The New York Times, one day's issue, includes; The news section, 28 pages, the annual financial supplement, 56 page: the quotation supplement, 4 pages; the magazine supplement, 16 pages; the magazine section 6 pages; the winder resort section, 8 pages -- total, 118 pages. 
A few years ago the New York Times, with all its prestige was about to succumb. At that critical period, Mr. Adolph S. Ochs, as thoroughly "self-made" as any American, with experience in the Chattanooga Times, beginning in his boyhood, had ambition for the ownership of that venerable New York daily, and securing the cooperation of friends, he assumed the responsibility, and determined to publish "all the news fit to print" on conservative, dignified lines. It was a prodigious undertaking, and Mr. Ochs won. 
The feature of this enterprise of interest to VETERAN Readers is that the Southern people may read the New York Times with perfect satisfaction. They get the news reliably all the time with never a word of discredit upon their section. [Confederate Veteran, Vol. 11 No. 1, Jan. 1903, page 40.]
Given the time period at which Ochs was publishing the New York Times it was a paper that was opposed to civil rights and supportive of white supremacy. The Confederate Veteran continued to mention the New York Times and Ochs favorably in larger articles with his picture and a half page picture of the New York Times' skyscraper and informing the reader that Ochs and the paper were in alignment with Southern opinion.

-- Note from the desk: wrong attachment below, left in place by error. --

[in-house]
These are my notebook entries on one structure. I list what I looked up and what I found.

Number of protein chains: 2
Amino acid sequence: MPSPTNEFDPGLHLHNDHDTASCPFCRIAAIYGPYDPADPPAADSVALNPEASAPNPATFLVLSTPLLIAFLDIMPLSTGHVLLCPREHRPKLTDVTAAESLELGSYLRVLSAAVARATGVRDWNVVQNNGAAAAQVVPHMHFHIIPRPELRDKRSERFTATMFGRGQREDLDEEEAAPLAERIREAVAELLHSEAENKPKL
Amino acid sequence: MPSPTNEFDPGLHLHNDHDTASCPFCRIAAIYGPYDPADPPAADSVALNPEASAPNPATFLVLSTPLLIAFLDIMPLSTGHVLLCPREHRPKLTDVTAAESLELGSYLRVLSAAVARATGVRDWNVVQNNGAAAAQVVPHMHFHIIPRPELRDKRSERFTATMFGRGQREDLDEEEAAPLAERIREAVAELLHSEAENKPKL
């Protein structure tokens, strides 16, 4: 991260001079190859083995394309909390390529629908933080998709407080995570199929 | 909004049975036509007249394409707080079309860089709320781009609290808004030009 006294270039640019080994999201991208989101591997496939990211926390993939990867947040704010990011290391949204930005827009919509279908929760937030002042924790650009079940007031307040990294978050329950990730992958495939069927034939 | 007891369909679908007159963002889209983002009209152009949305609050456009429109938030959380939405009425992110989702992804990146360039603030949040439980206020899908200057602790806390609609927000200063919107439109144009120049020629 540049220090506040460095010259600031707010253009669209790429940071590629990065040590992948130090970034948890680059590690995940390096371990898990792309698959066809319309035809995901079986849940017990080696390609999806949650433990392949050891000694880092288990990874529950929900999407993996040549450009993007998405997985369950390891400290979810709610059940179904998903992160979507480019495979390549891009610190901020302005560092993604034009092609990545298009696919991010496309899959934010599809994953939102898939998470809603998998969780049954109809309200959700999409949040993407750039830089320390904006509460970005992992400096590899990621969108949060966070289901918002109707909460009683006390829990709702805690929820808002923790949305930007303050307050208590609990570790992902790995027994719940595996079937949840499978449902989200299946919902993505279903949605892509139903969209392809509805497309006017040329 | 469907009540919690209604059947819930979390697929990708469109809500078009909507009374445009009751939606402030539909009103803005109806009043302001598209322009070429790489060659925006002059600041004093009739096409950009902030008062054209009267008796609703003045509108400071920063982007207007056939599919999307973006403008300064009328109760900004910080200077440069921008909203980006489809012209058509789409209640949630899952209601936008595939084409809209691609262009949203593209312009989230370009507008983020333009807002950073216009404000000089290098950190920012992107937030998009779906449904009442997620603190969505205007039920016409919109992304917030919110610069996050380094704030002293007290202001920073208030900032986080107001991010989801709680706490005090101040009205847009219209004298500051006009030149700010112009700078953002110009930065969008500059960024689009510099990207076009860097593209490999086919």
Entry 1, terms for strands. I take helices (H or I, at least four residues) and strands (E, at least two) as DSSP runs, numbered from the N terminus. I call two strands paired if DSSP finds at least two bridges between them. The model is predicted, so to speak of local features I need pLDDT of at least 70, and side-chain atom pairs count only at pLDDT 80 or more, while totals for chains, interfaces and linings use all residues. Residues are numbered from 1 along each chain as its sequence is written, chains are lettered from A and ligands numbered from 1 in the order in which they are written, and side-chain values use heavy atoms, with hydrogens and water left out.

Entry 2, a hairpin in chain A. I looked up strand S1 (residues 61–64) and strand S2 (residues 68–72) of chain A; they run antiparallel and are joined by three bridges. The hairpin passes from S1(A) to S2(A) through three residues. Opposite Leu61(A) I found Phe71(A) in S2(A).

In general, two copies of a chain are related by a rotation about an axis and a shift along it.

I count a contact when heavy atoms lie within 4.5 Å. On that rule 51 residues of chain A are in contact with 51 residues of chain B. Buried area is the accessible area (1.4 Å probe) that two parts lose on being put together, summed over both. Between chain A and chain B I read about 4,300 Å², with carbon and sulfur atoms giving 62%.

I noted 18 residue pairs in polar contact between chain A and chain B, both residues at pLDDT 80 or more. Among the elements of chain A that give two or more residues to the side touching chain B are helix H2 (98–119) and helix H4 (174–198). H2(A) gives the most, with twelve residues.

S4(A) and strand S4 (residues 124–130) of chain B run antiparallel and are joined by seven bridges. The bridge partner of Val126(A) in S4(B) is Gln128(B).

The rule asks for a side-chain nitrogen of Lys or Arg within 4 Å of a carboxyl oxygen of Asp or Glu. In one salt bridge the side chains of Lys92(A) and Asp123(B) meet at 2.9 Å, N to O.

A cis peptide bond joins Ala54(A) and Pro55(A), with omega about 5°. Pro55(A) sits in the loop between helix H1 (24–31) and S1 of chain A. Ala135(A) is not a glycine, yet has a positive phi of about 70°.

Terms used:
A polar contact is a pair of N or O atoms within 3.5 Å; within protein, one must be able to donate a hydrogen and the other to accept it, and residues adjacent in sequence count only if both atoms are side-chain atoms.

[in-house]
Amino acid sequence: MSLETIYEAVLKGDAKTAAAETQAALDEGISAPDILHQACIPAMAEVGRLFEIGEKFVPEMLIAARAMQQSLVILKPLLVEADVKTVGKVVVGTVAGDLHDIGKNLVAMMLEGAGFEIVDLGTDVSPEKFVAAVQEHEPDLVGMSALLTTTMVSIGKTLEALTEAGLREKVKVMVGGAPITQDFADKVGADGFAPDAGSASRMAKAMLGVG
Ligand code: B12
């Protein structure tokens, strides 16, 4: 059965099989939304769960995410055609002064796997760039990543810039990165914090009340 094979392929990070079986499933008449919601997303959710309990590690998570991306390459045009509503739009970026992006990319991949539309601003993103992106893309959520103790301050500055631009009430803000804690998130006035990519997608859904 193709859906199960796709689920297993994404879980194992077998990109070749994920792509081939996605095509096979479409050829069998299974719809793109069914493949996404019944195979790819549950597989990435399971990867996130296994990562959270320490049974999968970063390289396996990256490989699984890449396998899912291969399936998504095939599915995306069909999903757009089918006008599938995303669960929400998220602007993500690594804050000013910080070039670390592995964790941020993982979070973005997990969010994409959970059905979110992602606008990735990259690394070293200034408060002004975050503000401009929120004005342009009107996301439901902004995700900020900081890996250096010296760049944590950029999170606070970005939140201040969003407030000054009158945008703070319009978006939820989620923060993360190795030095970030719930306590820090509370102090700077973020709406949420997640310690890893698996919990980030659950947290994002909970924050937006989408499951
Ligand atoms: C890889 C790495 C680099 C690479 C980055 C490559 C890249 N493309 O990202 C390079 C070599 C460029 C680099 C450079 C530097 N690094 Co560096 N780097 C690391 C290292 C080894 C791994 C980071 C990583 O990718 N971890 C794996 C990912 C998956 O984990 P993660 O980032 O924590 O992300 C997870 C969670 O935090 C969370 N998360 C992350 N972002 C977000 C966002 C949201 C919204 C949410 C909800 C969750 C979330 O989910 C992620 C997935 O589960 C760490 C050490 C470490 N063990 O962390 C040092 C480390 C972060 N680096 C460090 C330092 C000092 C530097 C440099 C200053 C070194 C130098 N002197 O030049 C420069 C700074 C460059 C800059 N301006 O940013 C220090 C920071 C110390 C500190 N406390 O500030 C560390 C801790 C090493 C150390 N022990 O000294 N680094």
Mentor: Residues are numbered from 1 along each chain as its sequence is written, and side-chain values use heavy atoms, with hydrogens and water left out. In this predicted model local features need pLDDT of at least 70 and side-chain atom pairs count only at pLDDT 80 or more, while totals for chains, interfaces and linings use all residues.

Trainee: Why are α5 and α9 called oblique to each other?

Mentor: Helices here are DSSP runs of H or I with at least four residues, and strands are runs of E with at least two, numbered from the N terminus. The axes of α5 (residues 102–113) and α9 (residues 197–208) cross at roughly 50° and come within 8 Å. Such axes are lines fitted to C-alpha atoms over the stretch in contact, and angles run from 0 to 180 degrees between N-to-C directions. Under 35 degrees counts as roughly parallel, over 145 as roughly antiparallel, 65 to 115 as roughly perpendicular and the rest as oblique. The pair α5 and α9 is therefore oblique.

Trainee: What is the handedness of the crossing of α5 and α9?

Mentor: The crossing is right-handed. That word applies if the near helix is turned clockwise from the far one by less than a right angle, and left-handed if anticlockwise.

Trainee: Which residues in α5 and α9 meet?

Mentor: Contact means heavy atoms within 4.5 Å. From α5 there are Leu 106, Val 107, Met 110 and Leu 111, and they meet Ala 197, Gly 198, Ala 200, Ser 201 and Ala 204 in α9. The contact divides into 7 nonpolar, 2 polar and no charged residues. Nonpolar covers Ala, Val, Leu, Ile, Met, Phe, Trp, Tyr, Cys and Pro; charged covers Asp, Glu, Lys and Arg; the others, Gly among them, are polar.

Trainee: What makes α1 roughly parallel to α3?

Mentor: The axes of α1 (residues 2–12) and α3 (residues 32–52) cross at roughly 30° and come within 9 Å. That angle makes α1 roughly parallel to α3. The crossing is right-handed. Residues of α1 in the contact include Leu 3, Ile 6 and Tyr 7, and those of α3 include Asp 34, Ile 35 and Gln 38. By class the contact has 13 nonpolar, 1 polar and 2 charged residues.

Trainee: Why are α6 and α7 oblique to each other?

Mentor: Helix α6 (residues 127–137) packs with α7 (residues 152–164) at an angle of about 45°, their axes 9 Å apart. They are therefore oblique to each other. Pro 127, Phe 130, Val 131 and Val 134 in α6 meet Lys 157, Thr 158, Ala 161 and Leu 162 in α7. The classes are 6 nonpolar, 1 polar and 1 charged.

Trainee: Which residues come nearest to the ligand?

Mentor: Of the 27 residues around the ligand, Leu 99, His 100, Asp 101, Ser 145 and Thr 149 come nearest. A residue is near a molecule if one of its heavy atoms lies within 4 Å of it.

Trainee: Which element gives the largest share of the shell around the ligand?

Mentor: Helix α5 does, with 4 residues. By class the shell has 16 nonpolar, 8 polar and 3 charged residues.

From a 1905 article:
The New York Times was in ""hard lines" when Mr. Ochs bought it, and now it is not only far beyond any question of reliability but, better still, it is one of the most conservative and one of the ablest newspapers printed. Indeed, it rarely misses giving "all the news fit to print." Mr. Ochs's southern friends rarely have a wish that is not developed in the New York Times. [Confederate Veteran, Vol. 13 No. 12, Dec. 1905, pages 578-578]
Adolph S. Ochs was a supporter of the Lost Cause. He donated $1,000 to the Lee Mausoleum Custodian Endowment Fund in Virginia in memory of his departed mother. [Confederate Veteran, Vol. 35 No. 3,  March 1927, page 112.]

It turns out that though his father was a Captain in the Union army his mother smuggled quinine into Kentucky for the use by the Confederacy. His mother, Barbara Levy Ochs was a "devoted" member of the A.P. Stewart Chapter of the UDC. Her brother was in the Confederate army. [Confederate Veteran, Vol. 36 No. No. 5, May 1925, page 164.]

It might well be a good project to see how this identification with the Confederacy affected the New York Times' reporting and publishing.